Border Agency Revises And Makes Public Its Use Of Force Policy
MELISSA BLOCK, HOST:
U.S. Customs and Border Protection released long-awaited changes today to its lethal use of force policy. This comes after years of bitter criticism that it's agents shoot and kill unarmed subjects with impunity and no accountability. The agency made public its new use of force policy handbook as well as a formerly secret report on agency deficiencies. As NPR's John Burnett reports, observers say the changes are a good start but they don't go far enough.
JOHN BURNETT, BYLINE: Gil Kerlikowske, a former Seattle police chief who is the new commissioner of Customs and Border Protection faced reporters today and vowed that his troubled agency has entered a new era.
GIL KERLIKOWSKE: I talked about openness and transparency for CBP, and particularly about use force policies, etc. Well, today, not quite three months into my tenure, I want to deliver on that.
BURNETT: In a press conference at his Washington headquarters, Kerlikowske acknowledged that his agency - with its 60,000 employees, a third of whom are Border Patrol agents - has sorely needed improvement. The reforms include urging agents not to put themselves in harms way and even to retreat if it means avoiding a situation where they have to draw their weapon. He said there will be new training focused on using less lethal weapons, such as pepper spray and tasers. Agents involved in deadly incidents will be tested for substance abuse, undergo psychological counseling and be required to write eye-witness memos.
The basic training curriculum will be redesigned, and it will include scenarios to mimic more realistic situations, such as people throwing stones from across a border fence. But today's announcements are just as significant for what they don't change. A highly critical report, by the Independent Police Executive Research Forum, which was commissioned by CBP, had recommended that agents be prohibited from shooting at rock throwers or drivers unless the agent's life is in danger. Kerlikowske said they rejected those suggestions.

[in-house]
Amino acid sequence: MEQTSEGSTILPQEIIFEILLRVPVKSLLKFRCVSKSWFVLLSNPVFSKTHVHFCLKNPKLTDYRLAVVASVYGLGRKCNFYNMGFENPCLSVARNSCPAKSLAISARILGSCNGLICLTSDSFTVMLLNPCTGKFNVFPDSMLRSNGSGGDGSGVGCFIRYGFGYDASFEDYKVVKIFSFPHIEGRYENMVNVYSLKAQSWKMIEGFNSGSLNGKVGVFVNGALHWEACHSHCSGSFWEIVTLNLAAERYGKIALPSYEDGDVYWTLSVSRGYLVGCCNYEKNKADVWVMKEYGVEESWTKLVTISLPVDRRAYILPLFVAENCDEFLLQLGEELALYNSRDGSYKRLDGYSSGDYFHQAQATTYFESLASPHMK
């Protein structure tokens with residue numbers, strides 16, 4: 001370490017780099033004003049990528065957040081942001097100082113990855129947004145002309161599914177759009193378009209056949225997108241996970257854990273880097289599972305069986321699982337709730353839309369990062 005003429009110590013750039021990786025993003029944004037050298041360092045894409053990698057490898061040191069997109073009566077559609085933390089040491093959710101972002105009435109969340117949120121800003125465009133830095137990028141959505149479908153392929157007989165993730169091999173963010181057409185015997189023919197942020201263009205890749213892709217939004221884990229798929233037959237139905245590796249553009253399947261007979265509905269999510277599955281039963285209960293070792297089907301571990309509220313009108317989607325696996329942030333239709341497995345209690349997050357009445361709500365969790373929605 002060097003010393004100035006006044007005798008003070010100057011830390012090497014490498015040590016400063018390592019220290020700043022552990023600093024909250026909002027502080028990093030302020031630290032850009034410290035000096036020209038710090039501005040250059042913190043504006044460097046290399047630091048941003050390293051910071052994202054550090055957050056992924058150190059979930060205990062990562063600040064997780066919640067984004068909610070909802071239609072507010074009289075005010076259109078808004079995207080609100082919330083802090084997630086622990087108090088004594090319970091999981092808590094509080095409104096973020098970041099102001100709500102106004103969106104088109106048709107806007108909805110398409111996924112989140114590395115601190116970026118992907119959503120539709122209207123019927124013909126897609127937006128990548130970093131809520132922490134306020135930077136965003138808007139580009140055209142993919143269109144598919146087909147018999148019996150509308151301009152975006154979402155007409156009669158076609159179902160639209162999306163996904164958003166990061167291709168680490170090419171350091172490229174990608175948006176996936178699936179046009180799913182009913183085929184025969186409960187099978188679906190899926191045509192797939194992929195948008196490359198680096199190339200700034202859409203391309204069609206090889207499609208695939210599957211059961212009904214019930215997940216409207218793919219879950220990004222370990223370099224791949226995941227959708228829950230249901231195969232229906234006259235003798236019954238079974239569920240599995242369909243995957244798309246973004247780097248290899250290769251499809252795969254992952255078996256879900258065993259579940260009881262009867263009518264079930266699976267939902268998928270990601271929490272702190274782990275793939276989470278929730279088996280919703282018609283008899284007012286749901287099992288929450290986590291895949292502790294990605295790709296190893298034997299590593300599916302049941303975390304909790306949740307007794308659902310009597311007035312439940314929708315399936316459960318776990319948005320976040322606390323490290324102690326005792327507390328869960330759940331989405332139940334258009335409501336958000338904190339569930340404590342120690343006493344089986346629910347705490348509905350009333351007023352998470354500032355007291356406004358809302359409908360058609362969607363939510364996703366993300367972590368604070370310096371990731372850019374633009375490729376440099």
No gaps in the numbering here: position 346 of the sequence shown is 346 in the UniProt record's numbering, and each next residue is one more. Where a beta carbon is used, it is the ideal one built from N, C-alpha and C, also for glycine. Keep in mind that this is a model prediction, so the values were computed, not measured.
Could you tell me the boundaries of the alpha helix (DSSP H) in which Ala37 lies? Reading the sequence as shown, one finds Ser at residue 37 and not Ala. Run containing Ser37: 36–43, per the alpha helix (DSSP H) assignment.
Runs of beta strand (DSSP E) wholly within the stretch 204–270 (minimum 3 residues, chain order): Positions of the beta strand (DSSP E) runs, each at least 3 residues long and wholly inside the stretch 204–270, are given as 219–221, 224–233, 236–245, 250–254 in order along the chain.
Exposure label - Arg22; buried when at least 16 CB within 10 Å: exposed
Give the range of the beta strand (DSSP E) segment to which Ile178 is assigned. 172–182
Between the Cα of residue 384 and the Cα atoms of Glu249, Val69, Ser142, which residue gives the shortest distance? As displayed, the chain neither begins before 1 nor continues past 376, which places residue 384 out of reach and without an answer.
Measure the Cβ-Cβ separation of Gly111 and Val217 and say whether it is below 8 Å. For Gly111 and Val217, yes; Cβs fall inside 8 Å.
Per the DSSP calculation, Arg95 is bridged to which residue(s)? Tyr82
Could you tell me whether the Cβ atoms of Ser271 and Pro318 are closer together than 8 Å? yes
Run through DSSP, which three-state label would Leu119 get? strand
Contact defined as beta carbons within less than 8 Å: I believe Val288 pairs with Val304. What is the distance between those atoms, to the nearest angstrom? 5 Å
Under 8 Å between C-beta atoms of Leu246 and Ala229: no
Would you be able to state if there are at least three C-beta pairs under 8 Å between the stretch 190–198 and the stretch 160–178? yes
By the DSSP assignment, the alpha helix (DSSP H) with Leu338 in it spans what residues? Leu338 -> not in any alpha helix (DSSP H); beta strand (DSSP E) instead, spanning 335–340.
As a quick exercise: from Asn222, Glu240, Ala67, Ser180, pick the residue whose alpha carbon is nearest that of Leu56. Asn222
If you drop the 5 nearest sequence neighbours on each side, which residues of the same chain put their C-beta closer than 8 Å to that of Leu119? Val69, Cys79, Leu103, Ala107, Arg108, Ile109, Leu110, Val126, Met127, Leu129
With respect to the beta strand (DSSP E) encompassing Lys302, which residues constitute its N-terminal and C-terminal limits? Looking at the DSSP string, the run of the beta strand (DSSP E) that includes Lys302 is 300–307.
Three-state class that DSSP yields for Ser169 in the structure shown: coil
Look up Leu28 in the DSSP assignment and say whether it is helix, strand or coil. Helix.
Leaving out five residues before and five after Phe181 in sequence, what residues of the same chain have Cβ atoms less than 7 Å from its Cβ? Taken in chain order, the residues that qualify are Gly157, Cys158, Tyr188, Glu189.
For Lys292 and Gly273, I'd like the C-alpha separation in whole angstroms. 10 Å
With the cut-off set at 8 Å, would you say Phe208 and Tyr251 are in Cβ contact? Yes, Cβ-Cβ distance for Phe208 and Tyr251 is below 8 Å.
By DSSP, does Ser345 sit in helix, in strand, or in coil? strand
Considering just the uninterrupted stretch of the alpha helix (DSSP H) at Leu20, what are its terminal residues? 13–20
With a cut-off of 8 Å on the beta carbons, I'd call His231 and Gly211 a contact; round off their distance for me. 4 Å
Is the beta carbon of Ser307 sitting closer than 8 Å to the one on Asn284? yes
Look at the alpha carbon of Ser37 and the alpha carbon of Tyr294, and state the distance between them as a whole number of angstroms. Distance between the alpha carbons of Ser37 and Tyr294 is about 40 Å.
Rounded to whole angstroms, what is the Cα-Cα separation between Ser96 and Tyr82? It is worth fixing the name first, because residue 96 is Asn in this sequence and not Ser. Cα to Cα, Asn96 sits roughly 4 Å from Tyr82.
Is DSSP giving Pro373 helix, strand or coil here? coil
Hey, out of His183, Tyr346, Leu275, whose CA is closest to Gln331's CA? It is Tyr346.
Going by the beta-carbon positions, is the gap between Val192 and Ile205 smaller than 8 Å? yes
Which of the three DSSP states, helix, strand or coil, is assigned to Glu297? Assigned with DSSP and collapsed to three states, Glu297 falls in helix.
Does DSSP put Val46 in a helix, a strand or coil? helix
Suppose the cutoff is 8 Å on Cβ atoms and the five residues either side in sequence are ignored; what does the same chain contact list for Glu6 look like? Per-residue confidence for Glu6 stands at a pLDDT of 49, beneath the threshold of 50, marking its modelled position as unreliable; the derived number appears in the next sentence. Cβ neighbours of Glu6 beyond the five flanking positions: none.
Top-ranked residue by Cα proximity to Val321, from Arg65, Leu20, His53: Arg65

KERLIKOWSKE: To have a hard and fast rule that would ban and the use of deadly force, for them to protect themselves against rock throwing, I did not think would be appropriate.
BURNETT: Since 2010, the Border Patrol has faced, by its own count, 1,713 rock throwers, used deadly force 43 times and killed 10 rock throwers. CBP had withheld the highly anticipated Police Forum Report since December - though a copy was leaked to the press. Border advocacy groups had called for its release. Today, Chuck Wexler, executive director of the Police Forum, which authored the report was complimentary.
CHUCK WEXLER: It's a turning point in that it is getting the report out and seeing a sense of transparency and accountability. I think this is all very positive.
BURNETT: The new use of force policy must now be negotiated with two unions representing agents and officers of CBP. Shawn Moran is vice president of the National Border Patrol Council which represents about 17,000 agents.
SHAWN MORAN: We don't see any substantive changes in how agents are able to defend themselves and use force in the field. What we have seen are post-incident changes to how these are going to be investigated and how agents will be treated.
BURNETT: The customs chief said his agency needs to improve they way it handles officer involved shootings in a timely manner. CBP officers and agents have shot and killed 28 individuals in the past four years. The police forum report, as well as victims families, have decried the way the agency investigates these incidents, which can drag on for three to four years. Chris Rickerd follows the border patrol at the ACLU in Washington.
CHRIS RICKERD: It's an important day but also a very sad one - and one in which the families of victims of excessive CBP use of force remain unable to get accountability.
BURNETT: Commissioner Gil Kerlikowske said today is a beginning - in the coming months, he said he will publicize more reforms to increase openness and accountability at Customs and Border Protection. John Burnett, NPR News, Austin.
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